10 Lessons I Learned After Getting Published
Improve your writing. I won’t lie to you. It has been a long road for me. That was what I thought I was going to do when I joined F-Story, a place for writers to improve their writing technique. I can’t argue the fact that I did improve my vocabulary in the four short months I spent on F-Story. I learned some punctuation and verb usage as well, but nothing that E.B. White or an English book couldn’t teach me.
What is the draw? Post a piece of writing and immediately get writing critique from other members. This is good, because isn’t that what all writers want? We want honest feedback about our writing. Is it good or is it bad? Could I really get an honest opinion with suggestions on how to make my writing better? I was hooked, and for less than ten bucks a month I could post two pieces of writing a day and get at least two or three reviews and comments about my work.
Within three weeks of being a member on the site, I had an exploding profile, and I was rising within the ranks. The excellent rating was awesome, and the five, and often six stars fit real well with my exploding status, as well as stroking my oversensitive ego. I was on top of the world, and my writing was outstanding.
Do I need to mention what a fool idiot I was? It didn’t take long to find out that everyone on the site who would put the time and effort into reading to make the F-Story monopoly money to promote their work would share the same exploding status as me. It all depended on how much time and effort you wanted to put into writing reviews.
It didn’t take me long to realize after I gave a meticulous review most people didn’t really want my recommendations and balked at the thought of receiving anything less than five stars. I wanted to give the writers good, honest feedback about the piece that I was reading. I found that I was spending six to eight hours, and sometimes even more than that, a day to read poems and stories for fellow writers to give my honest detailed review. This cut way into my writing time. Oh, don’t get me wrong, I fell into that 5-star rating for a spell, too. Please don’t tell me my piece of work is anything less than excellent.
I met some people, just like the ones anyone meets in social network forums. A lot of nice friendly people and even bonded and formed personal relationships, so I thought. The thing that I was trying not to do was to treat F-Story – a serious writing forum like every other social network where everyone wants to be your friend. I tried to treat it like a job. My bad.
I don’t care what anyone tells you and what anyone says about internet forums and social networks. We are people and it is our inherent nature to care about ourselves and what we ourselves want to accomplish in life. People will tell you they are your friend and how great you are and suddenly you fall under the Machiavellian of people, which I did. I believed what people told me, and I trusted people I had never met in person.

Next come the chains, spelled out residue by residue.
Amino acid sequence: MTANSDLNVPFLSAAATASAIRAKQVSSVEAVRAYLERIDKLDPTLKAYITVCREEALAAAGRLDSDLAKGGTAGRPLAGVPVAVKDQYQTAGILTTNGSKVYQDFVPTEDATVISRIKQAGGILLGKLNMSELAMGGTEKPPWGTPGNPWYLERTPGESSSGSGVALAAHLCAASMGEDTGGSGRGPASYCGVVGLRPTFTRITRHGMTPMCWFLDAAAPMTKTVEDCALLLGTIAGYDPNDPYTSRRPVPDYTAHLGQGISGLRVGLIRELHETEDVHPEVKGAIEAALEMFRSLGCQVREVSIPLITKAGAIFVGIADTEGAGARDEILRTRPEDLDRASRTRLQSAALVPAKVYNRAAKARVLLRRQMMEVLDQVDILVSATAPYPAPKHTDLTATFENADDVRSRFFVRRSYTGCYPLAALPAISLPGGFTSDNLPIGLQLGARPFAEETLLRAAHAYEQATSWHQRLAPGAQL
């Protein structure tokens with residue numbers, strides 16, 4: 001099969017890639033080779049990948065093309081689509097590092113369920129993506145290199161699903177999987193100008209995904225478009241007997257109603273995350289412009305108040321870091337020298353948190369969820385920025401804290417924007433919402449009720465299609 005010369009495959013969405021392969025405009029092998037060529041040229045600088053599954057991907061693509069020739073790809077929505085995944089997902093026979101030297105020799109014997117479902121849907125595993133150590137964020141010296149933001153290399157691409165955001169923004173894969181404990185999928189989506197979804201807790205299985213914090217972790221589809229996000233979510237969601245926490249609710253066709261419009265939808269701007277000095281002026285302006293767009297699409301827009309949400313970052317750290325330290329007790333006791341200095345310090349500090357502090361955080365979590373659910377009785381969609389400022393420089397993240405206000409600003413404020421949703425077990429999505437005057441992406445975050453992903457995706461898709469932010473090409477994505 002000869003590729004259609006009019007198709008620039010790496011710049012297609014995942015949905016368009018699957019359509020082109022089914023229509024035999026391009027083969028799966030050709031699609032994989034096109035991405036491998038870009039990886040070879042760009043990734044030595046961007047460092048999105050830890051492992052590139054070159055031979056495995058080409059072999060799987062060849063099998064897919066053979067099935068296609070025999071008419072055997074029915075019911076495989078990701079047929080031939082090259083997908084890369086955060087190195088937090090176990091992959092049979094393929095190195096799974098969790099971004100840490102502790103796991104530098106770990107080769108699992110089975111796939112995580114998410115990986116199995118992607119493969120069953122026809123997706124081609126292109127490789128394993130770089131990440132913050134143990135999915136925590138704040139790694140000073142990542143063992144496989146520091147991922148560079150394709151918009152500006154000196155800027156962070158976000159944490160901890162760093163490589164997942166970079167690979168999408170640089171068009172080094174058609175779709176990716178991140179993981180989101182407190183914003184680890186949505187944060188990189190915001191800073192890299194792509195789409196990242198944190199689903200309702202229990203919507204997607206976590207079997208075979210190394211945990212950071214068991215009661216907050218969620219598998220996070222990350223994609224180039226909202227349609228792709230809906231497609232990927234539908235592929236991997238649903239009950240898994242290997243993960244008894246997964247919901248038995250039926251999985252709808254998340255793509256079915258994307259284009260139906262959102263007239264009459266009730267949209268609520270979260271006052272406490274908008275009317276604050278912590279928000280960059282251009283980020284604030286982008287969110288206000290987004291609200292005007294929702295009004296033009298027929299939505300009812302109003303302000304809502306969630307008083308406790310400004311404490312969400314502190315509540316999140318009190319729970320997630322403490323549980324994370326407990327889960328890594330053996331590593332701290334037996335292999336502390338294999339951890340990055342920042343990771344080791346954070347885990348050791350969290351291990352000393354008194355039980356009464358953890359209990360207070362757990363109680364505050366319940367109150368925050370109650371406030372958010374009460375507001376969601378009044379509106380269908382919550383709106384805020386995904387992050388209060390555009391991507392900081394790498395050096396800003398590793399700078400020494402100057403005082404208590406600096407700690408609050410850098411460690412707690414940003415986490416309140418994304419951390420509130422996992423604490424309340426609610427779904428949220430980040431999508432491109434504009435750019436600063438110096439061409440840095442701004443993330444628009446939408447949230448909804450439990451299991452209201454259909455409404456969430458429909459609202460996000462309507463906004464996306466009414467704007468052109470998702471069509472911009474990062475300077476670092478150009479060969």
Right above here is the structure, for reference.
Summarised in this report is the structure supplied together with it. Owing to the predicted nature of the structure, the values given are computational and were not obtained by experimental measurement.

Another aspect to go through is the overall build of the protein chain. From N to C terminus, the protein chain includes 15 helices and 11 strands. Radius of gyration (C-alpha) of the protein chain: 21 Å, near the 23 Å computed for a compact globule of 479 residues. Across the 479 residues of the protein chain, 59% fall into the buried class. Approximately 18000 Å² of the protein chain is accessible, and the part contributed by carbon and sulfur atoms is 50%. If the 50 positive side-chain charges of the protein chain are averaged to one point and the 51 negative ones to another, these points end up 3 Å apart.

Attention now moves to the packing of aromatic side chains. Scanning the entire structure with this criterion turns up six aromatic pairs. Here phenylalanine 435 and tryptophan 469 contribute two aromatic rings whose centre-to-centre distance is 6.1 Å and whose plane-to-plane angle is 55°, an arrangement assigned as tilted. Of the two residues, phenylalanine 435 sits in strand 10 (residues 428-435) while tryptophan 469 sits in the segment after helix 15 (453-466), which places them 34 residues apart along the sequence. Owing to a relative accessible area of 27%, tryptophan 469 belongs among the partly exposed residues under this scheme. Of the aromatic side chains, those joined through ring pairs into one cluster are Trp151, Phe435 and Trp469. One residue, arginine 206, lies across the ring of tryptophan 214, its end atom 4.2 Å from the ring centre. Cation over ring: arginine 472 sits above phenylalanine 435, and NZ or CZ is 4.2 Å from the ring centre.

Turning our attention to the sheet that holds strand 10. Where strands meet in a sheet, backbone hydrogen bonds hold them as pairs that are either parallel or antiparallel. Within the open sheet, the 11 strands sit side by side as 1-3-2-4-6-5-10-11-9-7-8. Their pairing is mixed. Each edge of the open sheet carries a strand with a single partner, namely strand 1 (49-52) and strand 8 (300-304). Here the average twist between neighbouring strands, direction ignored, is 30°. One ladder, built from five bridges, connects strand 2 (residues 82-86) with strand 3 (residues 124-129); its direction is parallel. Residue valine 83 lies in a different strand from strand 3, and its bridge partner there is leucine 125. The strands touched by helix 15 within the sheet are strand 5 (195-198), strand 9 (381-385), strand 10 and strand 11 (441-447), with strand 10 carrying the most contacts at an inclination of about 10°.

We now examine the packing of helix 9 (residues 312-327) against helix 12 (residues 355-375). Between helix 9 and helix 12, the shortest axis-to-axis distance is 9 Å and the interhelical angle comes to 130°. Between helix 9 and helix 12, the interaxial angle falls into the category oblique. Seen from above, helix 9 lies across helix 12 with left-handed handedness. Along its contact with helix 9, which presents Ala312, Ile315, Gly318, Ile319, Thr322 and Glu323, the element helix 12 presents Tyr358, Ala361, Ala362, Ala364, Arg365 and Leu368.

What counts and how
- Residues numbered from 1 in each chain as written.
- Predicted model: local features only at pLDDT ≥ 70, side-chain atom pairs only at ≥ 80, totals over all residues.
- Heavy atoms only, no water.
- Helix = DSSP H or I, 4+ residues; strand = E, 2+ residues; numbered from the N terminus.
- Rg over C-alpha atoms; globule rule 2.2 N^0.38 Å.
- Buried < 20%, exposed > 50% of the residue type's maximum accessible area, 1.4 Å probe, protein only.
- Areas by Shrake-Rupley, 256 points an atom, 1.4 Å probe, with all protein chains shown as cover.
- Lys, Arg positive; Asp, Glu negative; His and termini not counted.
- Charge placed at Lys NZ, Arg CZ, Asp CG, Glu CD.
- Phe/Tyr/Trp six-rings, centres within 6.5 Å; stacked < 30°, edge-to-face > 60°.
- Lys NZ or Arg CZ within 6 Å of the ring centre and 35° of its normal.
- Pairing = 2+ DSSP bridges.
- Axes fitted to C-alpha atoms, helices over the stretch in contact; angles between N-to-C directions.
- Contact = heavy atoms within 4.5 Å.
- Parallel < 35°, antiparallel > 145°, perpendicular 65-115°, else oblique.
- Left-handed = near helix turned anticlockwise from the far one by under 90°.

After four months of playing the game of rising in the ranks of F-Story, letting my housework, bills, and physical relationships slide, and not really doing any writing, I finally realized it was a bad addiction. A very bad addiction. Almost like a drug addiction. The whole thing came to light when I read a poem of a concept I had shared with one of my F-Story friends who took the idea and wrote it in their own words, and rose higher in the ranks than me.
So here I am again, playing with social media and sharing with friends. Forgetting the lessons I learned at F-Story. But the big difference is I’m published. I can now say I have published a novel and I am an author. It has been my life long goal and a huge accomplishment for me because it has been my dream forever. As with any goals being accomplished, the time is right for new goals to be set.
These are some of the things I have learned and I would like to share them with you who are trying to become published. These are important things to keep in mind when you are setting your goals. So important that I’m going to remember them while I’m setting my new goals.
Top ten things I learned from getting my first novel published.
1. Do not let people tell you what is best for you and your book. Only you know this.
2. Take your time and proof, proof, proof. Have friends, relatives, and co-workers read your book for typos and context errors. No matter how many times you try to proof the book on your own, YOU will miss mistakes.
3. Research, research, research. There is a boat-load of information out there and no one is going to give it to you for free. But if you look hard enough, you can find it for free.
4. Be patient.
5. Promote yourself as well as your book. Don’t expect that just because you have a lot of friends and family they are going to promote you and your book for you. They are not.
6. If you make a mistake, brush it off, learn from it, don’t do it again.
7. Just because someone else has more experience in the world of publishing and writing than you do doesn’t mean they are better than you. Anyone can write a book, and anyone can publish a book. But only good story tellers can write a book well.
8. Have confidence in yourself and in your writing. If you are you are writing because you enjoy writing, it will show in your work. If you are doing it to make money, get over yourself.
9. Set a schedule and stick to it. Write every day. The only way to make yourself better at something is to do it. (Perfect practice makes perfect.)
10. Do not become enthralled with social media. Use it to promote yourself and your book and leave it at that.
Above all like what you do, like yourself and don’t let others try to tell you how you can do it better. If they’re so smart tell them to write their own book.
My new novel The Salt-Water Killings is in the works.